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Adali v. Turkey Judgment of the ECHR

Human Rights Cyprus considers that the judgment of the European Court of Human Rights in the case of Adali v. Turkey, which was issued in 31 March 2005, is of extreme importance. The applicant was the wife of Kutlu Adali, who was shot dead in front of their home in the so – called ‘Turkish Republic of Northern Cyprus’ on 6 July 1996. Mr Adali was a well – known writer who had written and published articles strongly criticising the policies and practices of the Turkish Government and the "TRNC" authorities.

He argued that Cyprus should not be divided and that Turkish and Greek Cypriots should live in a united republic based on a pluralist democratic system. The applicant contended that her husband had received several death threats because of his articles and political opinions. The European Court reiterated that Turkey is responsible for the actions of the so – called ‘TRNC’, which is only a subordinate authority and is controlled by the Turkish military forces. It was found that Turkey had violated article 2 of the European Covnention, due to the failure of the authorities to carry out an adequate and effective investigation into the circumstances surrounding the killing of the applicant’s husband. Not only had the authorities failed to take statements from key witnesses, but also the investigation file was inaccessible to the applicant, who had not means of learning about the conduct of or the progress made in the investigation and was not even invited to take part in the Coroner’s request.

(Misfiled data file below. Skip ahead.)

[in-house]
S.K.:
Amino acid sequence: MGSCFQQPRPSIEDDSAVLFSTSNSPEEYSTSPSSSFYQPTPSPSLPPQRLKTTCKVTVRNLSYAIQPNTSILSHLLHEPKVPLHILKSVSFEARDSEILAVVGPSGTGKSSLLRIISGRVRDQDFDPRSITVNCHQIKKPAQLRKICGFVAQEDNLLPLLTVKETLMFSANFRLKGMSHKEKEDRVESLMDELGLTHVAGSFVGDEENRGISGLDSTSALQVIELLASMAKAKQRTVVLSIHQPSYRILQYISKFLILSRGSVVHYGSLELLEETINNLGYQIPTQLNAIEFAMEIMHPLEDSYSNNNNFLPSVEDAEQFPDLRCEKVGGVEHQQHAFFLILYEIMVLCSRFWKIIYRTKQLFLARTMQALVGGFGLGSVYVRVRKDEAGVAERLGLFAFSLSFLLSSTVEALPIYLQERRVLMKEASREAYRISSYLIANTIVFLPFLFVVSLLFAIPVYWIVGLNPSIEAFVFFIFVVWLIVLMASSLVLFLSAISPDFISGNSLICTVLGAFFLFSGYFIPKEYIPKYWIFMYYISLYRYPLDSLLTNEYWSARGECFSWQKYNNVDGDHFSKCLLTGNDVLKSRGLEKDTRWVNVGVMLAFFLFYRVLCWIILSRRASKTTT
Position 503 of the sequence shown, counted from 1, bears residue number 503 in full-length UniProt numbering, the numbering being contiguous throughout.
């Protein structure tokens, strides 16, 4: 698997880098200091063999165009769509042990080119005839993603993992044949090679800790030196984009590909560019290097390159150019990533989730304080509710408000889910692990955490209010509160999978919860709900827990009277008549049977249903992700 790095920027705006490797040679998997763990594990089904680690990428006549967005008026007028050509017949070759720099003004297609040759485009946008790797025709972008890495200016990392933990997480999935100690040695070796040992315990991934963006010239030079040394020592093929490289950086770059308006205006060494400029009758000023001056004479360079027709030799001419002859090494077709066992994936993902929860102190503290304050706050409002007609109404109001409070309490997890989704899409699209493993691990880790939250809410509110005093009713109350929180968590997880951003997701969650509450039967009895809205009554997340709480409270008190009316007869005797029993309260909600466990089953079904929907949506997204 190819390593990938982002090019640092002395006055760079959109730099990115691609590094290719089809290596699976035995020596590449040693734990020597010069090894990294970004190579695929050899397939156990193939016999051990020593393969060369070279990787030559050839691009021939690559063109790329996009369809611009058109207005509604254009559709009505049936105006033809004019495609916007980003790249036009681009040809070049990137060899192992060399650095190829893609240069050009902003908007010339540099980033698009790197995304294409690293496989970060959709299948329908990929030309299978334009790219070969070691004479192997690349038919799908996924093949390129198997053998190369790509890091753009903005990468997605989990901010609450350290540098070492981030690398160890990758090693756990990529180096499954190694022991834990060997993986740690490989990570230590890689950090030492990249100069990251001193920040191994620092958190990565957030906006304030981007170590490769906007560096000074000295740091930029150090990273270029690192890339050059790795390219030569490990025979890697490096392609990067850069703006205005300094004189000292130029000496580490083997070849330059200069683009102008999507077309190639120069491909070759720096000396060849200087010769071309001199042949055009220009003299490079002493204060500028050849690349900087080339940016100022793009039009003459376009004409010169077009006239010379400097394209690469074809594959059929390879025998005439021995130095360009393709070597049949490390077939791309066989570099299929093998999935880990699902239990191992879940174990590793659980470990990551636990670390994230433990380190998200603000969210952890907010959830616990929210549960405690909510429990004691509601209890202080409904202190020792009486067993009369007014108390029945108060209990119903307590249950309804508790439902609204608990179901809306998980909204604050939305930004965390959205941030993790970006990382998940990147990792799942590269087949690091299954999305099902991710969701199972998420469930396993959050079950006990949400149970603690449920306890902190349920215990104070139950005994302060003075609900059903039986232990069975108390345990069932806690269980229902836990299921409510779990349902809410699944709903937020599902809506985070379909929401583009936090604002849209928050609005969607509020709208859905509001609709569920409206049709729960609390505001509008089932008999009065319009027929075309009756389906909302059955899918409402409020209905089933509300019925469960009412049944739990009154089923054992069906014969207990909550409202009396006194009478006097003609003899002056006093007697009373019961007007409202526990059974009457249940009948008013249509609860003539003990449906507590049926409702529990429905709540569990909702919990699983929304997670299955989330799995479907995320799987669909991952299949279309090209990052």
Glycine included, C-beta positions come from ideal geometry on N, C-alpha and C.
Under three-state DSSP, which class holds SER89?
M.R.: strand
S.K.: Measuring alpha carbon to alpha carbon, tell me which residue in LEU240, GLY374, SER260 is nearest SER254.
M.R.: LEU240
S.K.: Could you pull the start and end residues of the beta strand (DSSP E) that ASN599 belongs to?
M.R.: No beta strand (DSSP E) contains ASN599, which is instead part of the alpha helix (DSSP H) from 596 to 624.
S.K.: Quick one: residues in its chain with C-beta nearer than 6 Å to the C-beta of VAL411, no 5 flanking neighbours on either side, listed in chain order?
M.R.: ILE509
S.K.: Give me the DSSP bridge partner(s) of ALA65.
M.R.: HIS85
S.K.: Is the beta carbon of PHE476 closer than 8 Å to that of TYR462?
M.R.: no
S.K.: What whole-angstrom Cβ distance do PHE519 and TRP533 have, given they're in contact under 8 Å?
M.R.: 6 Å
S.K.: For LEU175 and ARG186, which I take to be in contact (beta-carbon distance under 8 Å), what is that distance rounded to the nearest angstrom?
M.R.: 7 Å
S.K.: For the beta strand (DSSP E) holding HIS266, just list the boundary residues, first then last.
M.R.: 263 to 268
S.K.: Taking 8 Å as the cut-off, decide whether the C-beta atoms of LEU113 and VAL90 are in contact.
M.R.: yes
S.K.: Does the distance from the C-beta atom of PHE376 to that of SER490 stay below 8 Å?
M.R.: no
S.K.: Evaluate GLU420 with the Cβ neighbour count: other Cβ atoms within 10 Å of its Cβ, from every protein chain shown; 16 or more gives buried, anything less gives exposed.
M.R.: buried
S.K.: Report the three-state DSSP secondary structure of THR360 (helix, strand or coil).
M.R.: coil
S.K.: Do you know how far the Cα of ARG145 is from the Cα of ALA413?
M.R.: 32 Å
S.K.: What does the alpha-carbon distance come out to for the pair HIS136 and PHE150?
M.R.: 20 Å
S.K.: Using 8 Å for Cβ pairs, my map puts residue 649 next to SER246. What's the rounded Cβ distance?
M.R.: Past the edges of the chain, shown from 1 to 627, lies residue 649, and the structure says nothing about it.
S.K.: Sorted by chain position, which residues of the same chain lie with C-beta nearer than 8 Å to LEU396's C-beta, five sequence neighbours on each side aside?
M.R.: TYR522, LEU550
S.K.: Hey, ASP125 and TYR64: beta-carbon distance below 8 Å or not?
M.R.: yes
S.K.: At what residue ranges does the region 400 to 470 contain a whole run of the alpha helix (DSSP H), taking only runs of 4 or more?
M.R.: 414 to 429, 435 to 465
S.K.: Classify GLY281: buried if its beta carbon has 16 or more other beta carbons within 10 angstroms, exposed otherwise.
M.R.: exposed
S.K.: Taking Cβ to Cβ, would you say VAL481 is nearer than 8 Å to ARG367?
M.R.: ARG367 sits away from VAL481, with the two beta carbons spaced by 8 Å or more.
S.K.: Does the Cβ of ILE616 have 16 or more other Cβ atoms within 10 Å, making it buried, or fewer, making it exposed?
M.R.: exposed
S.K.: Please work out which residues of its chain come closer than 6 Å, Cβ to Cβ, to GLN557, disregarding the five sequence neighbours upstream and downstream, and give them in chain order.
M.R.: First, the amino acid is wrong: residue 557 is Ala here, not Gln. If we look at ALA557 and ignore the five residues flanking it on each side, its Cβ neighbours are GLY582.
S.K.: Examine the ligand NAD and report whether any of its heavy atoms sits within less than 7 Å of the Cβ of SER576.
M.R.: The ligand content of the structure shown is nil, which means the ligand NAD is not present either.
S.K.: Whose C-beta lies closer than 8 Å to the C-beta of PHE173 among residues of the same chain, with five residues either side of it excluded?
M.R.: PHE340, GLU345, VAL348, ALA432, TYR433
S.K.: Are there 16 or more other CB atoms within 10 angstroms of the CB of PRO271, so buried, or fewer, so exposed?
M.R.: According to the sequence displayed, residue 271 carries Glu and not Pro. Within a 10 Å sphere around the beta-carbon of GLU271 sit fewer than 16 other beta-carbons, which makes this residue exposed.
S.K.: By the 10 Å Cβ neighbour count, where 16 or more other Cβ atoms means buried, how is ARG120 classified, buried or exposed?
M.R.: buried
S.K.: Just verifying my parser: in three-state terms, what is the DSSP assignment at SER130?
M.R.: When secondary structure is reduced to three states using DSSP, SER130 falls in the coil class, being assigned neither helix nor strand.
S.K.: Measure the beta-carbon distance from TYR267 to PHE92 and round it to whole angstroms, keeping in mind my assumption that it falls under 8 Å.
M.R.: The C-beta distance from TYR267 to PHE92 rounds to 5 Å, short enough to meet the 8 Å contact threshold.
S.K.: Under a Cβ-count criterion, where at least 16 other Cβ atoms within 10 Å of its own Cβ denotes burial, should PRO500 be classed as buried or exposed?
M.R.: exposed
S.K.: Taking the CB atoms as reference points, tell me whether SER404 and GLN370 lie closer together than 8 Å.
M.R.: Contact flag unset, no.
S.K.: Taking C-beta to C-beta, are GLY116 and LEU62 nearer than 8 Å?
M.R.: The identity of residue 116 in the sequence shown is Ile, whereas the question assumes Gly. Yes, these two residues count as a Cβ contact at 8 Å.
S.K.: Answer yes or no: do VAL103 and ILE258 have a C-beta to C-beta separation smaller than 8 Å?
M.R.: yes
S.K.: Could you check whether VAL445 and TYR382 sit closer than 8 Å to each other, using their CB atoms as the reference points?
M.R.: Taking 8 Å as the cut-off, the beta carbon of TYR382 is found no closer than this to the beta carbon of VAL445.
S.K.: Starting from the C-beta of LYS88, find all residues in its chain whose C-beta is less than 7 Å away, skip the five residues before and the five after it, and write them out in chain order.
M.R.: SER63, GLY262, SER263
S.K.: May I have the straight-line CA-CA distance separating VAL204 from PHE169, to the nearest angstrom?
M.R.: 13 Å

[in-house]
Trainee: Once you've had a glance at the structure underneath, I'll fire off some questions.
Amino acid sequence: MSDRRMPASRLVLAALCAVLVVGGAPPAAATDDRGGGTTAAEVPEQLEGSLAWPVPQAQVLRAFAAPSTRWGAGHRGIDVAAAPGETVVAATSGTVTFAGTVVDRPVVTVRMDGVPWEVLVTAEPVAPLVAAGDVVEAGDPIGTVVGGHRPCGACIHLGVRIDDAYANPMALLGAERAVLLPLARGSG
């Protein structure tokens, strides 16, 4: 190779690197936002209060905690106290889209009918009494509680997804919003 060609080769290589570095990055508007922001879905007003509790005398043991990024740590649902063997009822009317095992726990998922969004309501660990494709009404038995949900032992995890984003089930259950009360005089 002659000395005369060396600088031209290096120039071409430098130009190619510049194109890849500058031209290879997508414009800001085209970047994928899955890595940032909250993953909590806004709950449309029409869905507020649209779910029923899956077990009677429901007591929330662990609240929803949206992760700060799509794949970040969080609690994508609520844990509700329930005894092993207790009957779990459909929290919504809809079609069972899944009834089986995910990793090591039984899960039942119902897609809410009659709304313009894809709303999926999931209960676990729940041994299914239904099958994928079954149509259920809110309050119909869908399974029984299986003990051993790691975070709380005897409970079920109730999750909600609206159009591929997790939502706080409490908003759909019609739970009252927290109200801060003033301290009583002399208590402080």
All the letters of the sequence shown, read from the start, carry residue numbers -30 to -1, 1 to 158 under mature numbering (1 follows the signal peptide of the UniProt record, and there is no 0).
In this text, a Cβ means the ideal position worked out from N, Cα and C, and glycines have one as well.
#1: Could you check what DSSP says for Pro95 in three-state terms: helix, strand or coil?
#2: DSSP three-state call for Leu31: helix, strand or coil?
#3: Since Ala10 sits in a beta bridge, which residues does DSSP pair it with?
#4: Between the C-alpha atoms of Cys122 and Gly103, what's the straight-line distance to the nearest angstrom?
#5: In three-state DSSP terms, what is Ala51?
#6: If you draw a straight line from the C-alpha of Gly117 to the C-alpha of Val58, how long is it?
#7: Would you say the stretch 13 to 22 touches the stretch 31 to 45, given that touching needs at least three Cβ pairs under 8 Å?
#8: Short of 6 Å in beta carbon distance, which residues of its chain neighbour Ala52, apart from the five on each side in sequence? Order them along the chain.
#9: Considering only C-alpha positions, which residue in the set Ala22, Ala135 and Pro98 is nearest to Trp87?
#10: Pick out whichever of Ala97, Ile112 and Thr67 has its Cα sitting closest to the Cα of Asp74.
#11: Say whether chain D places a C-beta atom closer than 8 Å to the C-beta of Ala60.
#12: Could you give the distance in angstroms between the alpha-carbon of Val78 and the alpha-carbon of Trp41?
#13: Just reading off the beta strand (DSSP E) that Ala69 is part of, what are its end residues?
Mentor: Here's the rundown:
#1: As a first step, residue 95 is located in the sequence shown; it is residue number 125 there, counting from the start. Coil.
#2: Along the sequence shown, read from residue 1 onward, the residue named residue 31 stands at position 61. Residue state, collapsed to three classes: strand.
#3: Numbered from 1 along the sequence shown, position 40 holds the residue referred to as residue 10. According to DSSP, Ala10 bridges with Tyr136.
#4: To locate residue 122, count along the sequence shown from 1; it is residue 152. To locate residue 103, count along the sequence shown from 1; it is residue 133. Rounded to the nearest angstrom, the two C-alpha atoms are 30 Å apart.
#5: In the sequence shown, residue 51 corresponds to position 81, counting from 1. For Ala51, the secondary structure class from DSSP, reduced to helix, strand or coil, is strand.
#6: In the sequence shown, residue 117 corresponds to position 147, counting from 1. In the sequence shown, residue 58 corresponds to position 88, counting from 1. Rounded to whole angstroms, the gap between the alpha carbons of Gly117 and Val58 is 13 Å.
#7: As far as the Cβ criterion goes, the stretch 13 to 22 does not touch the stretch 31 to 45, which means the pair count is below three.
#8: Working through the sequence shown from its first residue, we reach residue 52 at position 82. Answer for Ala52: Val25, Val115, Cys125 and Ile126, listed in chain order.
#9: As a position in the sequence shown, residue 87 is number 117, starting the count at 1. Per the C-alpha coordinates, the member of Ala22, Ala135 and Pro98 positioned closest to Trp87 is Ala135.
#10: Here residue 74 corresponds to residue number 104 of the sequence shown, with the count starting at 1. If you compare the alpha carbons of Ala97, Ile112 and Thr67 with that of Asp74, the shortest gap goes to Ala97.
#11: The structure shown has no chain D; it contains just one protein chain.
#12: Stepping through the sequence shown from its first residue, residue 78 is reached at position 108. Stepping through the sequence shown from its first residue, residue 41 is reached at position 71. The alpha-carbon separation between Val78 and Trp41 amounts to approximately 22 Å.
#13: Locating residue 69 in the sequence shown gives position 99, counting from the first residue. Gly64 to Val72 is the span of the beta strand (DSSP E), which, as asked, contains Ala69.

It was further held that the applicant had been denied an effective remedy in respect of the death of her husband and thereby access to any other remedies at her disposal, including a claim for compensation, in violation of article 13 of the Convention. The Court further held that there had been an interference with the applicant’s right to freedom of assembly, guaranteed by article 11 of the Convention, since the applicant was refused a permit to attend a bi – communal meeting held in Southern Cyprus. It was also held that the manner in which restrictions were imposed on the applicant’s exercise of her freedom of assembly was not prescribed by law within the meaning of article 11 § 2 of the Convention.

Written by Administrator of    
Friday, 31 March 2006

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